“show in this space that the reformed catholic conception of the via media as running between Rome and Geneva more accurately depicts the Anglican story than the Calvinist one. The Reformed tradition has had an undoubted influence upon our faith and worship, but it is only part of the story” –

as well as providing some cautions for those who would behave in a manner too over-zealous, on either side. As he concludes,

“I would suggest that… we should accept our Calvinist Anglican brothers and sisters as good Anglicans whom we can invite to share more of our rich Anglican patrimony. Come not only to hear but also to taste and see.

“We ask in turn that our Calvinist brethren would accept us as genuine Anglicans [as well]. Let us say to one another, Come let us reason together and learn from each other.

A very good and useful read, in my opinion!

 

Update on the coronavirus pandemic – with some reflections from The Anglophilic Anglican (warning: LONG!)

President Trump has announced, in a brief statement at a news conference this afternoon (Friday, May 22, 2020), that churches and other “houses of worship” are to be considered essential, calling upon Governors to allow churches to open.

The President stated that he identified houses of worship “as essential places that provide essential services” – which they certainly are! – and called on governors “to do the right thing and allow these very important essential places of faith to open right now, for this weekend.”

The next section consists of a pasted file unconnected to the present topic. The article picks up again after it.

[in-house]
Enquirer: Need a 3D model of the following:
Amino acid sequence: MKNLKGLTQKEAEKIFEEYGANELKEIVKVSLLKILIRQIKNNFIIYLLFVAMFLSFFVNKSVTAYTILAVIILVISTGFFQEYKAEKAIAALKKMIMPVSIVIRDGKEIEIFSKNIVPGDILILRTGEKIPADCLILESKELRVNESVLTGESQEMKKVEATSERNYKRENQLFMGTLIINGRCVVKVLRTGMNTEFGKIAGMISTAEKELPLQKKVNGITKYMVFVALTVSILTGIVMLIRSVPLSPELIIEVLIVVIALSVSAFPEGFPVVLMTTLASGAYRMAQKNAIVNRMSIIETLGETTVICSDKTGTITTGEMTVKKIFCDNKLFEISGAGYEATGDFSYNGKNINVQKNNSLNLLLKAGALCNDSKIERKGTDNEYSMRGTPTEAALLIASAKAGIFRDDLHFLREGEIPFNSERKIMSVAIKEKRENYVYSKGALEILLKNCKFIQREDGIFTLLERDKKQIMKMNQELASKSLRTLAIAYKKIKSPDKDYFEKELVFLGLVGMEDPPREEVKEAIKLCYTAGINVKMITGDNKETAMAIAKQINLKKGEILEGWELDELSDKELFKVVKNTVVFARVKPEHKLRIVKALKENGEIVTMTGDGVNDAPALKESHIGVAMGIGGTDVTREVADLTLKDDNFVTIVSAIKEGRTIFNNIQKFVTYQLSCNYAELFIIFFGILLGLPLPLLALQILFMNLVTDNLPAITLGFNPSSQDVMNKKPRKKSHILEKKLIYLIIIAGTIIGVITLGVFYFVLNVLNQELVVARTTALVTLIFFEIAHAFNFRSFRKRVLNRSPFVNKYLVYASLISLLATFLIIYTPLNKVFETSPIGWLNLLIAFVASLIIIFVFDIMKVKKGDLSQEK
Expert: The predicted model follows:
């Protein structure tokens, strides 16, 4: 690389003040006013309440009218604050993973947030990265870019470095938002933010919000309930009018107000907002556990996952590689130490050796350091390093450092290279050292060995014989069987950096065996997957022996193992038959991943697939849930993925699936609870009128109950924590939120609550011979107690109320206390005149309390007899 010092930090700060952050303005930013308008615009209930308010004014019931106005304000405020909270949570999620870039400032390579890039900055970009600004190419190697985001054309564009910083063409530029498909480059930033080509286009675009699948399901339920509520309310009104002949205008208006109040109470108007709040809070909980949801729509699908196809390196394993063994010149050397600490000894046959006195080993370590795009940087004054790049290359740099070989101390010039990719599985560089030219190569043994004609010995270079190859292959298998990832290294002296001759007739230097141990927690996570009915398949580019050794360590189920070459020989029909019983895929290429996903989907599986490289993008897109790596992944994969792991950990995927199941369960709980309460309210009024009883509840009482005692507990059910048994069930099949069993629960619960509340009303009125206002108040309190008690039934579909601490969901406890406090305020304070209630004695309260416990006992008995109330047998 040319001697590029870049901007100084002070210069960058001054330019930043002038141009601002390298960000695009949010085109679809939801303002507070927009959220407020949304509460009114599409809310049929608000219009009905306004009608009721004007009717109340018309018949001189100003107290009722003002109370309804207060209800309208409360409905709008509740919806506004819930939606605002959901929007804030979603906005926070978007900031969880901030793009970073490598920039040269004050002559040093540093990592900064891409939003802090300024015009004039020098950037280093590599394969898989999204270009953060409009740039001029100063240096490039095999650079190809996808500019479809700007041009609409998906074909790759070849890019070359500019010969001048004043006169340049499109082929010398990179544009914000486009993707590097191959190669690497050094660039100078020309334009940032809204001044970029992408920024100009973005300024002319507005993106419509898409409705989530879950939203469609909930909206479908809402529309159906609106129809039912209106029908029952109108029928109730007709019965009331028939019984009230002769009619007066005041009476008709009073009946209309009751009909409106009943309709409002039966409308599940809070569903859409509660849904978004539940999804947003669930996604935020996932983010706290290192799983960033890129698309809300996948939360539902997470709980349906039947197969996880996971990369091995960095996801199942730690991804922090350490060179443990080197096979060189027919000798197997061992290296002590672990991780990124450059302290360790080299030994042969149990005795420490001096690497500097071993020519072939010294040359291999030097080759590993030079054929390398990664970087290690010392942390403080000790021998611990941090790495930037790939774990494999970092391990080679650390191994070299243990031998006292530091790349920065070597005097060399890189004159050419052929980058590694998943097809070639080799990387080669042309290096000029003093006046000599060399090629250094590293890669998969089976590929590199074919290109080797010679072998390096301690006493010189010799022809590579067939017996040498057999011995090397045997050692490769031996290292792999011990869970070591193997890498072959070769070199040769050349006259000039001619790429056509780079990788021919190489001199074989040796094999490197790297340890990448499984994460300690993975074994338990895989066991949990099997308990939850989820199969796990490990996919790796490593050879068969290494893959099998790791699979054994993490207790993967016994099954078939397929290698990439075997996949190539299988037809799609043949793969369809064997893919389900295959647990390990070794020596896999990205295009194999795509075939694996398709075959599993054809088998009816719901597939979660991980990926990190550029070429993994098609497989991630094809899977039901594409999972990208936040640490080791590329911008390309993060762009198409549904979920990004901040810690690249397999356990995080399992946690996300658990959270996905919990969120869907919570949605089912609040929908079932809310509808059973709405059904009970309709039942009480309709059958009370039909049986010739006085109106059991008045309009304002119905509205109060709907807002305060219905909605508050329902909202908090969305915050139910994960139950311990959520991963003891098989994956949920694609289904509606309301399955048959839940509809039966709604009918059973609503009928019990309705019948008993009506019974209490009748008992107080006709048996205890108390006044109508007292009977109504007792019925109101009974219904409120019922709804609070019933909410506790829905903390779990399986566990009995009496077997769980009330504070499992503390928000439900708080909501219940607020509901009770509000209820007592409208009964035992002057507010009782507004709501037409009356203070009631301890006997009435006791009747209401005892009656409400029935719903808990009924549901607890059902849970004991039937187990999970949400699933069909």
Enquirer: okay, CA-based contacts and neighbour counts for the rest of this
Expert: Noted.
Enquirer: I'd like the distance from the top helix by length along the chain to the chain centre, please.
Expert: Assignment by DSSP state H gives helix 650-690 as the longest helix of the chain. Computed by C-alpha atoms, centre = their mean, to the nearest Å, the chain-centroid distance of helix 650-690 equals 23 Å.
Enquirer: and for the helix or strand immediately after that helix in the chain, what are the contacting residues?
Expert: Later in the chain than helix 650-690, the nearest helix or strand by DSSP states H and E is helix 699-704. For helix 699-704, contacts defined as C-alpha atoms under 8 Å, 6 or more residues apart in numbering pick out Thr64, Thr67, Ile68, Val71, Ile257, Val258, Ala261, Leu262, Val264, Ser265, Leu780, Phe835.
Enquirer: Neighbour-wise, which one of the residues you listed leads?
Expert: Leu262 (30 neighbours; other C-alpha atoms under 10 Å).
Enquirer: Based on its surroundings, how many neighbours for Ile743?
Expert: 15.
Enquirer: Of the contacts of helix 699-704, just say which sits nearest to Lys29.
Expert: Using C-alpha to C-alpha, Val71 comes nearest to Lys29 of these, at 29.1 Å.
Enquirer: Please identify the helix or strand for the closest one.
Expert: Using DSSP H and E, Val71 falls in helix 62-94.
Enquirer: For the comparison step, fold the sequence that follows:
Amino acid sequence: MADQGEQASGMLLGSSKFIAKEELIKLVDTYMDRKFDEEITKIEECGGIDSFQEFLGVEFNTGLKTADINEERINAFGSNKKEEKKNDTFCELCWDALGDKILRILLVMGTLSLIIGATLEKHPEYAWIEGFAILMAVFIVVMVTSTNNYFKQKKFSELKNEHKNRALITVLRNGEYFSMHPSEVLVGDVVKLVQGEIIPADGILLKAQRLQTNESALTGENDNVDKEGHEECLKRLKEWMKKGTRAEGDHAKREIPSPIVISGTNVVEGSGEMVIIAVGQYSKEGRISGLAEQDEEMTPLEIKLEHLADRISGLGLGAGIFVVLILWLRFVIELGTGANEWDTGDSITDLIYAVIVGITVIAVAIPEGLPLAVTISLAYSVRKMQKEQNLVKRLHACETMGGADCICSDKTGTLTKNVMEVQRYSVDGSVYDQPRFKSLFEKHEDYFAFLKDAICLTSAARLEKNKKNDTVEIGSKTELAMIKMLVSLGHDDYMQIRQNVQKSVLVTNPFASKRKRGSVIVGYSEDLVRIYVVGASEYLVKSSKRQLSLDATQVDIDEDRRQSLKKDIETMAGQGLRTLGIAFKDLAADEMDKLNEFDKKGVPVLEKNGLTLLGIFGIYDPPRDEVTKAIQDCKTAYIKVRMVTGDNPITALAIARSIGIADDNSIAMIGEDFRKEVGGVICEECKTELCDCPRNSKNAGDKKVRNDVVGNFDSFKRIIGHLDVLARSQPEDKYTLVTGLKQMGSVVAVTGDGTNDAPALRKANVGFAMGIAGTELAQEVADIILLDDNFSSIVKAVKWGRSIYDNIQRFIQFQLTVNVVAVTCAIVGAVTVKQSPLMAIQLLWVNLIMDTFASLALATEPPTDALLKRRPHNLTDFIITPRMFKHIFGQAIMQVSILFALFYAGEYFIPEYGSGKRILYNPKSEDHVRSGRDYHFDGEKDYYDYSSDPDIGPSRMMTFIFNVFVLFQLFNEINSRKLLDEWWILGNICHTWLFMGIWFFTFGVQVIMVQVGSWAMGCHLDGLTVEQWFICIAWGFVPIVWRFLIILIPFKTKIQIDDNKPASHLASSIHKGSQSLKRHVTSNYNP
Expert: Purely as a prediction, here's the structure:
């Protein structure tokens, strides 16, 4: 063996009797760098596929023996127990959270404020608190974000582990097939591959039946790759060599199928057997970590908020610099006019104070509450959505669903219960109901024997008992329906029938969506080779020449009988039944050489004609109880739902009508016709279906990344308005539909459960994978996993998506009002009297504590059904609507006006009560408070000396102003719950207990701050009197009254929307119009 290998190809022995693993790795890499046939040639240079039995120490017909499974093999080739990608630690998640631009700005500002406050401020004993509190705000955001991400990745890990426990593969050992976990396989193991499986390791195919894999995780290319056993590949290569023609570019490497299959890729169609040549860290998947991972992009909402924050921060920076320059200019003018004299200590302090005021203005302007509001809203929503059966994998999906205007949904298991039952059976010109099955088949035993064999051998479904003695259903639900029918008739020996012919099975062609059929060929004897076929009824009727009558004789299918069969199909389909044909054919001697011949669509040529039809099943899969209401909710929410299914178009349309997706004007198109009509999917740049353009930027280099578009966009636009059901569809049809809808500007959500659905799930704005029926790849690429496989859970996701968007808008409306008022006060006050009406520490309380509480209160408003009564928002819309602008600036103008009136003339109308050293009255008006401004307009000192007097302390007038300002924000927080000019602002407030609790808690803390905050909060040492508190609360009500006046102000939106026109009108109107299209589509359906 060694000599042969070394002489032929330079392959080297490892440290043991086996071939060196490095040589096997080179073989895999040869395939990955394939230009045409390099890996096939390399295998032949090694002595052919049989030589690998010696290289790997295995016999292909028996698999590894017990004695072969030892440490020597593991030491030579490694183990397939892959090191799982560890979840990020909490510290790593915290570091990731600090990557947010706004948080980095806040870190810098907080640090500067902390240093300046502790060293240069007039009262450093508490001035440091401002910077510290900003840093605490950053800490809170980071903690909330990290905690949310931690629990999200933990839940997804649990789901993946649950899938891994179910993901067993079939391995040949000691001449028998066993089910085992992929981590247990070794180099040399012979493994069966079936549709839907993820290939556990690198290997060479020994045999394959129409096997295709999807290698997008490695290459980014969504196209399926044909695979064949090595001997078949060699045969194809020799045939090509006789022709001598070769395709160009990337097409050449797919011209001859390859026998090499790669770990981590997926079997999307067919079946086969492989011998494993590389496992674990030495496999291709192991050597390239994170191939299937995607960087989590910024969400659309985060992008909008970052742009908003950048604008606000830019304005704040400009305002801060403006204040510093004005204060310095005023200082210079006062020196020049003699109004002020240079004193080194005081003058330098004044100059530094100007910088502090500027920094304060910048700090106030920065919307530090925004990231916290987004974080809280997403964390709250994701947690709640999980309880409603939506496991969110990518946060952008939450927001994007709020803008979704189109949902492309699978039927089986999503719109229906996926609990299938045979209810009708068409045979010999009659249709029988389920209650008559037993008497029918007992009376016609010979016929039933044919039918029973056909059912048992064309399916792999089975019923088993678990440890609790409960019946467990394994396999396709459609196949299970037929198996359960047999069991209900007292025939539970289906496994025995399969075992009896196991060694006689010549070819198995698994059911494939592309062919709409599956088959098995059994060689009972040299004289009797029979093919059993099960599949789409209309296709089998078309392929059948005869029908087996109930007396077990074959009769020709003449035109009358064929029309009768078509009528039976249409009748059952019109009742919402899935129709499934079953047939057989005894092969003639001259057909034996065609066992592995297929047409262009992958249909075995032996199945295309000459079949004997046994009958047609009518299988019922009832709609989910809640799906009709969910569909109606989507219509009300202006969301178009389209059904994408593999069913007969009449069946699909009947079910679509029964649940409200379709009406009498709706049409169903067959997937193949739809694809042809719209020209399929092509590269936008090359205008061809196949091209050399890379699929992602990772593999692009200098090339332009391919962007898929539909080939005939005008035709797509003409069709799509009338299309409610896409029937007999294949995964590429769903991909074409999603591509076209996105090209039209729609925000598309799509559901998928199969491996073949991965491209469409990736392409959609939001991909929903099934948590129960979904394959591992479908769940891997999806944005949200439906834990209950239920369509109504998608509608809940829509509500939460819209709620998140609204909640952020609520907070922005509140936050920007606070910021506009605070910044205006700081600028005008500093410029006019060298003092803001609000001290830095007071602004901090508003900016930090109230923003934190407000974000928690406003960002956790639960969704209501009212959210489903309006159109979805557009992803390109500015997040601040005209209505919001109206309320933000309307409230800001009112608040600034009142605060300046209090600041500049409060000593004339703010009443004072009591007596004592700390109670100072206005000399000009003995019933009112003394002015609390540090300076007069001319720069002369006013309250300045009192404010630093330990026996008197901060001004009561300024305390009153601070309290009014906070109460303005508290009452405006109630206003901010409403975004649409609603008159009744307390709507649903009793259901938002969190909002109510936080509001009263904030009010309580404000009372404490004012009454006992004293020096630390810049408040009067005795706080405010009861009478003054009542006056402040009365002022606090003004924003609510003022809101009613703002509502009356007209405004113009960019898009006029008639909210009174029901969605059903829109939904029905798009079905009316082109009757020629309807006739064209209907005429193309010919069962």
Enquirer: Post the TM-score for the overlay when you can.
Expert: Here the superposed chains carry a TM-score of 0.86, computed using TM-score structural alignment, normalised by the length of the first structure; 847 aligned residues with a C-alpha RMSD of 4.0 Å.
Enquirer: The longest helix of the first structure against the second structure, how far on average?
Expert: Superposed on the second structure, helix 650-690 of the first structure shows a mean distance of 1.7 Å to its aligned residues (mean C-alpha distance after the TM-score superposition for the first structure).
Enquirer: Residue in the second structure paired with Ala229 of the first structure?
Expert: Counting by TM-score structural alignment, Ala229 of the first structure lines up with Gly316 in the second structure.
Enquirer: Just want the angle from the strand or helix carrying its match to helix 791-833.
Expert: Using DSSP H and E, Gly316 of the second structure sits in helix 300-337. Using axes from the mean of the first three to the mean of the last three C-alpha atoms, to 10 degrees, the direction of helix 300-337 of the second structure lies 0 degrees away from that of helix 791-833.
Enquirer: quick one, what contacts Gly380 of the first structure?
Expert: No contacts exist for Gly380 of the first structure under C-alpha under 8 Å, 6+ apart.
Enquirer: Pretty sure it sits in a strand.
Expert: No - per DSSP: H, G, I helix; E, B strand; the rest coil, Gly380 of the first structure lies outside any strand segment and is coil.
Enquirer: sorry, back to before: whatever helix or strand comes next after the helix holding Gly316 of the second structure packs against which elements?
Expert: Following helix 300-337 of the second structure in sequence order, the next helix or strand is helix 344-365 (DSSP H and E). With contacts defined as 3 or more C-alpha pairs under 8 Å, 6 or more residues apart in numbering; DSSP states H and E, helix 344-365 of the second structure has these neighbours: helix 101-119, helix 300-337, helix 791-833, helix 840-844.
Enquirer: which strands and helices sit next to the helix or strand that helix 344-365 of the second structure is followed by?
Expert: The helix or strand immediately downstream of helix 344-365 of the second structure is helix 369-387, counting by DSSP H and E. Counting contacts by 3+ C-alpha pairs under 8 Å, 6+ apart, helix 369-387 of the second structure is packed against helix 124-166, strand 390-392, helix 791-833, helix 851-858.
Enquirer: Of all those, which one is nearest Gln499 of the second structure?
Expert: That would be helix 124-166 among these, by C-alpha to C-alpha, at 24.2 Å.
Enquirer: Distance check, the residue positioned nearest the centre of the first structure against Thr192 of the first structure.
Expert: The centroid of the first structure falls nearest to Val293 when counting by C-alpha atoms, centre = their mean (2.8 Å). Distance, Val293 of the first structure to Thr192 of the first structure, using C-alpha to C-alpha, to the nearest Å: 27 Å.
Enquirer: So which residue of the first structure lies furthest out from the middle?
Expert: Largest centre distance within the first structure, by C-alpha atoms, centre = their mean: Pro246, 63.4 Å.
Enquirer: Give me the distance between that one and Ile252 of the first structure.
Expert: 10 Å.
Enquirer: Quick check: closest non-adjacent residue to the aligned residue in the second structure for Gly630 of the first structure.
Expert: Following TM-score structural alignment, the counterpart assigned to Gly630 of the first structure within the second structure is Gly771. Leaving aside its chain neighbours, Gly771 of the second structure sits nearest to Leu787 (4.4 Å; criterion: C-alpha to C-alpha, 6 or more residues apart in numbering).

In a statement which is certain to be controversial, he asserted that “if they don’t do it, I will override the governors,” although it is unclear by what authority or by means of what practical mechanism he would do that.

Now, I generally tend to be on the side of “States Rights,” but to be frank, many of the governors have seemed to be using their heads for little but hat-racks in this crisis, and that’s putting it as gently as I possibly can. Kudos to the President for expressing a truth which earlier generations would have held to be self-evident! It’s just a shame he had to.

He further noted that “In America, we need more prayer, not less.” To all of which I can only say, about darned time! The fact that, as the President pointed out, many governors have considered bars and abortion centers to be “essential,” but left out churches, is something that has stuck in my craw for a good while, now! Again, kudos to President Trump.

Dr. Birx: These areas still show high numbers of positive tests ...

In addition, Dr. Deborah Birk, chief of the national Covid-19 task force, has pointed out that nationwide, new hospitalizations and emergency room admissions for both influenza-like illnesses and covid-like illnesses have been declining throughout the past month, according to CDC data. In fact, across the country, she points out that we are “below baseline.”

Maryland, sadly, has been lagging behind: it remained stubbornly “orange” when most other states had turned various shades of green: Dr. Birx reports that the CDC has been “calling out” the “high plateau” in Maryland for some weeks, now. But even the Old Line State has dropped to yellow, at least, over the last week. That is excellent news! The CDC website confirms this overall improvement, stating that